Zoonotic potential

As with all rickettsiae species, R. typhi is a zoonotic agent with humans serving as aberrant dead-end hosts, and thus do not play an ecological role in the bacterium's transmission and lifecycle.[18][26] Humans are most commonly infected through flea and rat R. typhi carriers in indoor environments, typically affecting individuals in occupations or living conditions that surround heavy rodent and flea populations.[18] The murine typhus disease is generally considered a mild affliction, with a 4% case fatality rate in untreated patients.[10] Proper murine typhus oversight is especially critical in elderly patients that often require hospitalization as the disease progresses.[10][18]


In the early 20th century epidemic typhus (R. prowazekii) ran rampant throughout many parts of the world. It was associated with high mortality, high virulence, and thought to be transmitted via louse.[27] During this period, less severe and untraceable cases began appearing.[27] These cases were characterized by fever, rash, headache, as well as musculoskeletal and gastro intestinal signs.[28] Epidemiologist Kenneth F Maxy recognized this and began questioning and isolating the presence of another typhus within the United States aside from R. prowazekii, he detailed this in an article released in 1926.[27] Maxy speculated the presence of another arthropod vector transmitting this new form of typhus, which would later be discovered as R. typhi.[27] It is thought that R. typhi has historically been under diagnosed compared to its typhus group member R. prowazekii.[18] The discovery of R. typhi lead to the creation of the typhus group Rickettsia, which contains R. typhi and R. prowazekii.[2] Rickettsia species are generally broken into 3 groups, the spotted fever group, typhus group and scrub typhus group.[2]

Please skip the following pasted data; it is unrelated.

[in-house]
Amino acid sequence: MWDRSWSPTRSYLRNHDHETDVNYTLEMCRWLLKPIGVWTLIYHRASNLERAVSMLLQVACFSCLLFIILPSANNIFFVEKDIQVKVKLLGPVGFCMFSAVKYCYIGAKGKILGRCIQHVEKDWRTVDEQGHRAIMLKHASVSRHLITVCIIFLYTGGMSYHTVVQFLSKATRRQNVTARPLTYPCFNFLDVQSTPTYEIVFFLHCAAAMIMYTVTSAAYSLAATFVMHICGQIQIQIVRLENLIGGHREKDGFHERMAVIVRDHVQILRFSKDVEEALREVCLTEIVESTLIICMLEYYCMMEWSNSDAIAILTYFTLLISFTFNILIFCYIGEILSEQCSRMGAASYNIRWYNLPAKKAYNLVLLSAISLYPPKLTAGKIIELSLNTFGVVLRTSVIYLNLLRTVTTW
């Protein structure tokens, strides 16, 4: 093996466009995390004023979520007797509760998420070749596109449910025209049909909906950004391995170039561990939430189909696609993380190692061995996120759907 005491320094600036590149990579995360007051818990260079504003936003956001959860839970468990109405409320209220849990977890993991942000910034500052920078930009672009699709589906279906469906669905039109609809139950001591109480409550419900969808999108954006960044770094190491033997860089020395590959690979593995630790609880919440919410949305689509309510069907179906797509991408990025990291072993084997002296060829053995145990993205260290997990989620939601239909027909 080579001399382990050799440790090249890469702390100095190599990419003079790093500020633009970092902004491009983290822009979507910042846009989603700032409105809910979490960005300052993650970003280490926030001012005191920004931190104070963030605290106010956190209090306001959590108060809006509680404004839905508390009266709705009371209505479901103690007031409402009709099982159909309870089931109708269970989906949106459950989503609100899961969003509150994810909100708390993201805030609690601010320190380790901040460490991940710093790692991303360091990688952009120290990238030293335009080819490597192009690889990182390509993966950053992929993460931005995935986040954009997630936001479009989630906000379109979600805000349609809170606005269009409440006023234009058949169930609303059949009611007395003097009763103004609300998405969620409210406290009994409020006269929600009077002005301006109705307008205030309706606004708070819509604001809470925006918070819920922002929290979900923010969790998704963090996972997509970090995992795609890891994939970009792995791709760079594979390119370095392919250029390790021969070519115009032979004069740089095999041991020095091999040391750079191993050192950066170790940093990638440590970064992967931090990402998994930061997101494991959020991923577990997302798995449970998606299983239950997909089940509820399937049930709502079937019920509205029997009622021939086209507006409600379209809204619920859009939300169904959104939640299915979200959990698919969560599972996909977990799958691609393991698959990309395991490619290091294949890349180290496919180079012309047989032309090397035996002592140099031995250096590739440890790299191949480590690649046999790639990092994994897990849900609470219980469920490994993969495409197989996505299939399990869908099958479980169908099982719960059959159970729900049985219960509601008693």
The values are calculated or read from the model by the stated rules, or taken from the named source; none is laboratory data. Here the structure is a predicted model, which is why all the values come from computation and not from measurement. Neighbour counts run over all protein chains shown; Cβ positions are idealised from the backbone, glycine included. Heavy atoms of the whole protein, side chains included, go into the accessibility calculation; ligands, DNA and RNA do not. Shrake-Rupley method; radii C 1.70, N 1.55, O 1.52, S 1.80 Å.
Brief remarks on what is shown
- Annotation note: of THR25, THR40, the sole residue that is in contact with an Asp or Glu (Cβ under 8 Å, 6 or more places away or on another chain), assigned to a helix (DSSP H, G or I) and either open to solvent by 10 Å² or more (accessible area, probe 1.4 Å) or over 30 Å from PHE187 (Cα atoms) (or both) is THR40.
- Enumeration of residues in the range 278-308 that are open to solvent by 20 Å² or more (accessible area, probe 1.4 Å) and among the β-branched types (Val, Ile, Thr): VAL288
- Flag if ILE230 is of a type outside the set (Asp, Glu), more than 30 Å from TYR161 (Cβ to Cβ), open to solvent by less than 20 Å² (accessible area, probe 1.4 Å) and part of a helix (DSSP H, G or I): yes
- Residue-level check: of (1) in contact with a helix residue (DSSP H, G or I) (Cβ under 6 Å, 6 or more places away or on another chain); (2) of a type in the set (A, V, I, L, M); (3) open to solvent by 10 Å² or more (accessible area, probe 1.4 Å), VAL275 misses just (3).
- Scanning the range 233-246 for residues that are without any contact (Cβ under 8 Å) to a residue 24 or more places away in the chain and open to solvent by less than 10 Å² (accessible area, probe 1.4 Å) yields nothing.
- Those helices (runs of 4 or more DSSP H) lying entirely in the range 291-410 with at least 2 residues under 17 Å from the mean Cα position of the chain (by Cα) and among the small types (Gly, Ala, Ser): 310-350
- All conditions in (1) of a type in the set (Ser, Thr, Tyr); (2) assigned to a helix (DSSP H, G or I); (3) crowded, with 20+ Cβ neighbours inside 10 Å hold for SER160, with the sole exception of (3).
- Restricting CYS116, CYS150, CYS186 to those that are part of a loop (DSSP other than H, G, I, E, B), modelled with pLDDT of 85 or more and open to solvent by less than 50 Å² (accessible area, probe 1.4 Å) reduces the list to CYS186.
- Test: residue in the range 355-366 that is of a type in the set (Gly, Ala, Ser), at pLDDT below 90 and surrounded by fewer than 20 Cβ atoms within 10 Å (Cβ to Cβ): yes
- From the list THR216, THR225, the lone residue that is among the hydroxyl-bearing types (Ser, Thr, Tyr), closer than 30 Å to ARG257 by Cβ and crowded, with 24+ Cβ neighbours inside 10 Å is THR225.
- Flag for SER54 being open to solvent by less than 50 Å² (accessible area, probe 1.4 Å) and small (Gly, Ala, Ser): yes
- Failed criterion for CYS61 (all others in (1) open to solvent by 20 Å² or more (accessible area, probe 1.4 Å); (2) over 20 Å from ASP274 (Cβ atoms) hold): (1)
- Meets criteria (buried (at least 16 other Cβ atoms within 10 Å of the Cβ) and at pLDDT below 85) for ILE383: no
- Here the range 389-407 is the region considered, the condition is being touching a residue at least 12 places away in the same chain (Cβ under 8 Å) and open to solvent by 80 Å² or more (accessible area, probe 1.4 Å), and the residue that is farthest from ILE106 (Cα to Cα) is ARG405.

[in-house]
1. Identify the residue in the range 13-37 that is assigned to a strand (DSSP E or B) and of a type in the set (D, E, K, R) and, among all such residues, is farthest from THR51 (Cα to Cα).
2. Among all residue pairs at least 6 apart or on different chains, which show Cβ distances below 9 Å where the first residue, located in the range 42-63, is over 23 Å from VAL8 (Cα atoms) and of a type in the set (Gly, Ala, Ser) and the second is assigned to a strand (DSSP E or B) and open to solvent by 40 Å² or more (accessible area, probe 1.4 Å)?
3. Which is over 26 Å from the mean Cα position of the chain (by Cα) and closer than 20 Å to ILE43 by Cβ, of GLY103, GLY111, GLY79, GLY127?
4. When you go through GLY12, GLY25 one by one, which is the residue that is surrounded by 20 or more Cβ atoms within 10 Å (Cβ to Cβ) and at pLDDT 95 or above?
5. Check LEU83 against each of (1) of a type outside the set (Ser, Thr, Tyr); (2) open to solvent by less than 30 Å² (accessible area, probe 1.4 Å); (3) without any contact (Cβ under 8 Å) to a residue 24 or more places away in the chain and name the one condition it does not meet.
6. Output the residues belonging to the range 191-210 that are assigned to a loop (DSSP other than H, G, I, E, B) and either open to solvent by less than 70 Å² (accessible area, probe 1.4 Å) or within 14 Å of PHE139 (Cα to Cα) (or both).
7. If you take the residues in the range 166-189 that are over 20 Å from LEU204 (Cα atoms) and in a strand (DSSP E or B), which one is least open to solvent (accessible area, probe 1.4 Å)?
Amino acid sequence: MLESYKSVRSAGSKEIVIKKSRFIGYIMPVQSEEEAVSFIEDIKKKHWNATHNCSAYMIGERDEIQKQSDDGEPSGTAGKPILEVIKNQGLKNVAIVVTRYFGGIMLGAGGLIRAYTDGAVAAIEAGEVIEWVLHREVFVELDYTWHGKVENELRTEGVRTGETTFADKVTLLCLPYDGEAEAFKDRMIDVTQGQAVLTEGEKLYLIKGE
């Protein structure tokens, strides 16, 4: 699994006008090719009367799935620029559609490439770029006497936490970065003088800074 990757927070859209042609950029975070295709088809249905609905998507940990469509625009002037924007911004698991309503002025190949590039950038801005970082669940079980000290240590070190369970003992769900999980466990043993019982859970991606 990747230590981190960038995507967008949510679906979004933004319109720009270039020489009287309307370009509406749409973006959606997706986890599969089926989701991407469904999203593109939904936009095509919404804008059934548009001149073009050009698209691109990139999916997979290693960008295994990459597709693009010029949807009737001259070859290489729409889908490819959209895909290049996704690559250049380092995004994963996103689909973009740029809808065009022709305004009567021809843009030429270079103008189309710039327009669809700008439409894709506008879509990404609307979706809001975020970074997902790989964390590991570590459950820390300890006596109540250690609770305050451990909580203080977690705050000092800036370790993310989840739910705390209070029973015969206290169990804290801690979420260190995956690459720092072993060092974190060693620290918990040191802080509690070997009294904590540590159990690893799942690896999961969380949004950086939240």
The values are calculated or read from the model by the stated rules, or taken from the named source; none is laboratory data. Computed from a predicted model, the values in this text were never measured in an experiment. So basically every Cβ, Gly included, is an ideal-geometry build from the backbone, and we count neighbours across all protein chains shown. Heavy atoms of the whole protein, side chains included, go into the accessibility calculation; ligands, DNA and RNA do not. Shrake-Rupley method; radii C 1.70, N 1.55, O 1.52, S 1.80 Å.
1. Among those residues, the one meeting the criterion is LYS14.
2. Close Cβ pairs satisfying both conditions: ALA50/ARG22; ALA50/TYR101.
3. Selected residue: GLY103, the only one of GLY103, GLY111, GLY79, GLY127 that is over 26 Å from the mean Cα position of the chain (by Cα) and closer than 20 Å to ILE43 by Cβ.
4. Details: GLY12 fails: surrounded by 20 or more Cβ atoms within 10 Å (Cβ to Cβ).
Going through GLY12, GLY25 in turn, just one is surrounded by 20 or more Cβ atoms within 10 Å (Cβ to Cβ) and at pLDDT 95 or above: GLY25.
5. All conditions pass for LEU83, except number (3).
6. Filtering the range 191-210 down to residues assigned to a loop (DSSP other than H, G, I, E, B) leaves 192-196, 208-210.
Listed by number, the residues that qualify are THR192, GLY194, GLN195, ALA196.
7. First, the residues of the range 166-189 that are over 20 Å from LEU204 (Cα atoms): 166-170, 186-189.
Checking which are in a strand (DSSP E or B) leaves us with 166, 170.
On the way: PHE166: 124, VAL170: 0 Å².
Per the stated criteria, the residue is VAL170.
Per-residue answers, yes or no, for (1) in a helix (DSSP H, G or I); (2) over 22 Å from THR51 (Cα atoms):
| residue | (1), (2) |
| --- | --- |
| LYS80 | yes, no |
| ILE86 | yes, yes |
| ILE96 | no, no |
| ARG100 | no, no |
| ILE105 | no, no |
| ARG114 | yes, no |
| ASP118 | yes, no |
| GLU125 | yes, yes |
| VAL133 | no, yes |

Rickettsia typhus group rash, a common symptom of infection